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Brian Hayes

. . . Mighty Coffee Beans Grow

Java is a descendant of the C programming language, which itself rose to celebrity from modest origins. C was developed in the 1970s by Dennis Ritchie of Bell Laboratories. At the outset it was closely associated with the Unix operating system; Unix was written in C, and the first C compilers ran under Unix. Soon the language spread to other systems. By now it has become so much a part of the mainstream that few remember just how idiosyncratic C once seemed. It is a language with a strict type system—the programmer must declare in advance what kind of data each variable can hold—and yet it allows many operations that other languages prohibit as reckless stunts. A prime example is the direct manipulation of "pointers," which represent the addresses of data items.

C has a distinctive, terse syntax, heavy on punctuation marks and symbols from the top row of the typewriter keyboard. Figure 2 gives an annotated example of what a very small C program looks like.

The main successor of C is C++, a language created in the 1980s by Bjarne Stroustrup, also of Bell Laboratories. The name is meant to suggest "C incremented," or "a little more than C." In fact it's a lot more—not just C+1 but maybe C x 2. The major addition is a facility for object-oriented programming, a technique first explored years earlier in some very different programming languages, such as Simula and Smalltalk.

Two main ideas lie behind object-oriented programming. First, programs are assembled not from separate data structures and procedures but from software "objects" that encapsulate both data and procedures. For example, a triangle object might include as data the coordinates of its three vertices and as procedures the methods for finding the triangle's center, area and altitude. The second idea is inheritance: Classes of objects are organized into a hierarchy extending from the general to the specific. The triangle might be a member of the class of polygons, from which it would inherit properties common to all polygons. At the same time the triangle class could be further specialized in subclasses for right triangles, equilateral triangles and so on.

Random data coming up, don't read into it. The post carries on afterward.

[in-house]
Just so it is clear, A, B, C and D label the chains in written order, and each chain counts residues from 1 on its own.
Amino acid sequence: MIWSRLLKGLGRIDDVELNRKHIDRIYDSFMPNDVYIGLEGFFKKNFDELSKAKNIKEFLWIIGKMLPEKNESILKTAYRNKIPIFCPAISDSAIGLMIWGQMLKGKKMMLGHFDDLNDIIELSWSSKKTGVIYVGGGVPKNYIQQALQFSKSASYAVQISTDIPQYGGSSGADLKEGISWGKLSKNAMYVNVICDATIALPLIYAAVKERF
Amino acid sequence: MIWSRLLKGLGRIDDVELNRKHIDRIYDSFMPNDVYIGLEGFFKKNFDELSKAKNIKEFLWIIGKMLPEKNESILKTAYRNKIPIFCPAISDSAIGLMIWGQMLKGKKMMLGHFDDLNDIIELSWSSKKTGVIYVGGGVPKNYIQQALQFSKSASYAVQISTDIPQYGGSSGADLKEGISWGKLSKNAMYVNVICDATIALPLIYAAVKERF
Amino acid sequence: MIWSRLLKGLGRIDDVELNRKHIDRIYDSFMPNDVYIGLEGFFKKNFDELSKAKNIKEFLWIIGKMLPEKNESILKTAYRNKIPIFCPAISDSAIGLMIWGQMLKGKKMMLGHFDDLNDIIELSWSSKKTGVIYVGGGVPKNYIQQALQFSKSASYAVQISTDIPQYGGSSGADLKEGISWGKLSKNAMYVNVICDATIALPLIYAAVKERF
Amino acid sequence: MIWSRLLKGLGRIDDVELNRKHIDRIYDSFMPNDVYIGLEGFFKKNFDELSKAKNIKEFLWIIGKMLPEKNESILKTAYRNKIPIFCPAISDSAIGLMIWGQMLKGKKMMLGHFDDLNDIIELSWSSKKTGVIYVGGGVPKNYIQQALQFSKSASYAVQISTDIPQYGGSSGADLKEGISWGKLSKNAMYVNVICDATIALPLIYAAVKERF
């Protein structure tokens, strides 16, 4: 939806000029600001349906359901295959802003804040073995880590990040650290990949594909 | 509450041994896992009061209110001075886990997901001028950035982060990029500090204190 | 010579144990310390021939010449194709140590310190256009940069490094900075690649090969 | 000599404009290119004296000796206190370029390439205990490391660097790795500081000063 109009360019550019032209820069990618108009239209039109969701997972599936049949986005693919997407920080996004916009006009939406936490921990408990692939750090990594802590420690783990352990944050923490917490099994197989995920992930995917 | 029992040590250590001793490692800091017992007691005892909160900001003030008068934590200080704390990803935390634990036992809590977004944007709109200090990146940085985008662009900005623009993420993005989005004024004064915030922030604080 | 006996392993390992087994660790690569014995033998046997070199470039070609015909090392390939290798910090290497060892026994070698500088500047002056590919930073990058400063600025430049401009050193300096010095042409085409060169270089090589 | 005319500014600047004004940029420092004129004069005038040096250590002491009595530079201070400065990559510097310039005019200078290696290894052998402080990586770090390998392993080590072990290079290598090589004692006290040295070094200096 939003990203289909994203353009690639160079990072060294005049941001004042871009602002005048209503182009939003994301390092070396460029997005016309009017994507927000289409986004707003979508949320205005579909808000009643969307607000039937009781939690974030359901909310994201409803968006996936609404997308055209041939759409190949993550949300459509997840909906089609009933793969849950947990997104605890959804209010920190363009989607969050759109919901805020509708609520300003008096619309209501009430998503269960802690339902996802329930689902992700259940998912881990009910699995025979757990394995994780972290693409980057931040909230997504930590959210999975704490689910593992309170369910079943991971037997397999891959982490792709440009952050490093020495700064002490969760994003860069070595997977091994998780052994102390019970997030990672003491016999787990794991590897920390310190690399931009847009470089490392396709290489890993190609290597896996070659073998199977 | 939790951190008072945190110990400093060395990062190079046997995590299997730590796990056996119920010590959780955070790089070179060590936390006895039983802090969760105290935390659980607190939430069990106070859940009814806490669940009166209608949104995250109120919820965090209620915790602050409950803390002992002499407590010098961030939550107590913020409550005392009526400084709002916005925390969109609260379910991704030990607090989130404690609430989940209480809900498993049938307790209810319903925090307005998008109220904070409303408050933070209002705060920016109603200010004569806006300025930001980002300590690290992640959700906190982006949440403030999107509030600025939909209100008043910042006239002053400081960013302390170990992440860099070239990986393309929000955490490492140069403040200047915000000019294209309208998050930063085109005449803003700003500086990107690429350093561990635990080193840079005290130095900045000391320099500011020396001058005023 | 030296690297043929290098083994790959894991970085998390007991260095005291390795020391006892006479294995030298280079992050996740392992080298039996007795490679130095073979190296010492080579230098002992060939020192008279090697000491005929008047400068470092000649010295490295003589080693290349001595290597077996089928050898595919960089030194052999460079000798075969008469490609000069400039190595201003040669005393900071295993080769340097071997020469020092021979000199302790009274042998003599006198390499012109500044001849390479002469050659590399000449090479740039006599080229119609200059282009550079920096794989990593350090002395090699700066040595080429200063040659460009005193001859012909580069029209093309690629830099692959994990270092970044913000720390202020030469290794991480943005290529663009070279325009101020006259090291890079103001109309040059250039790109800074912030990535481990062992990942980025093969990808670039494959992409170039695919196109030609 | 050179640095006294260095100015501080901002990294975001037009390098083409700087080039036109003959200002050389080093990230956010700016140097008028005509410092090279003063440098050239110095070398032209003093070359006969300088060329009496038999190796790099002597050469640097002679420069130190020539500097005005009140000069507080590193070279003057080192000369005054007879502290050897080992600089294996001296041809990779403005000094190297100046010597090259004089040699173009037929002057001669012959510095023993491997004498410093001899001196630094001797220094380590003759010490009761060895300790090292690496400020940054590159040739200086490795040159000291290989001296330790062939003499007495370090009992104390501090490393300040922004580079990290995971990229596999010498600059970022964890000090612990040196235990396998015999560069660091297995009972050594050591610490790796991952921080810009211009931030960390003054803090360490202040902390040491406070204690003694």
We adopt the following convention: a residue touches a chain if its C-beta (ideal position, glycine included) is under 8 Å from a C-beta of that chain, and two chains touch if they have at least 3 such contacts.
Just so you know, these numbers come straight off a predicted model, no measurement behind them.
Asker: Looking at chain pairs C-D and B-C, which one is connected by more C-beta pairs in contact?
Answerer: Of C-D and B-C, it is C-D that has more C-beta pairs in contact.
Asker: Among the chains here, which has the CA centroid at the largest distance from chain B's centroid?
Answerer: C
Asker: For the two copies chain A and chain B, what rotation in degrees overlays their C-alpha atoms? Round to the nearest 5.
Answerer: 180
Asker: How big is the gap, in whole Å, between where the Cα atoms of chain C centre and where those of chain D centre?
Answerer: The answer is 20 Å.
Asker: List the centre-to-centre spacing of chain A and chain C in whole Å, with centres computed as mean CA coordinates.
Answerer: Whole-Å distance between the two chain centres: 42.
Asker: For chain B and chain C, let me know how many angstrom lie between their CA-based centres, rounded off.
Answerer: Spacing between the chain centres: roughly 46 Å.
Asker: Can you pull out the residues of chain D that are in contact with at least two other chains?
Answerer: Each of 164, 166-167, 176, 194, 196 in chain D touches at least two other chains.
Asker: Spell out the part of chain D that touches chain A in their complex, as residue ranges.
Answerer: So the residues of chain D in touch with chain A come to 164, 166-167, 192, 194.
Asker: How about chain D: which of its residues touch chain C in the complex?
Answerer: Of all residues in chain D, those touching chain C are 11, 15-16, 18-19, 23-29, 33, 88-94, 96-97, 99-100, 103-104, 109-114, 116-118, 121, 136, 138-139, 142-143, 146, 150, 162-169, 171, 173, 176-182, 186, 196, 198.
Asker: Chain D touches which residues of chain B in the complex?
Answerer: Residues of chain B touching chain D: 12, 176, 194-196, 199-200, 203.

On the surface, a C++ program looks just like one in C. But this similarity is deceptive; at the semantic level, algorithms in C++ require a thorough rethinking. Going from C to Java is similarly tricky. On the surface, again, Java also looks like the same old C, but underneath all is changed.

Like C++, Java is an object-oriented language. Indeed, the object methodology is enforced in Java, whereas the C++ programmer can fall back into standard C. On the other hand, Java is not a "pure" object language in the way that Smalltalk is. In Smalltalk, everything is an object, but in Java certain elementary data types, such as numbers and characters, do not have object status—they are not members of a class hierarchy.

Perhaps the most important change in going from C or C++ to Java is the abolition of pointers. A C program steps through the elements of an array by taking a pointer to the first element—the pointer is effectively the array’s address in memory—and repeatedly incrementing it. Java has a special form for accessing array elements without pointer arithmetic. Linked data structures in C also rely on pointers; in a list structure, for example, each item in the list includes a pointer to the next item, so that a program can step through the list by following the chain of pointers. Java provides for linked object references without exposing the machinery of pointers or addresses to the programmer.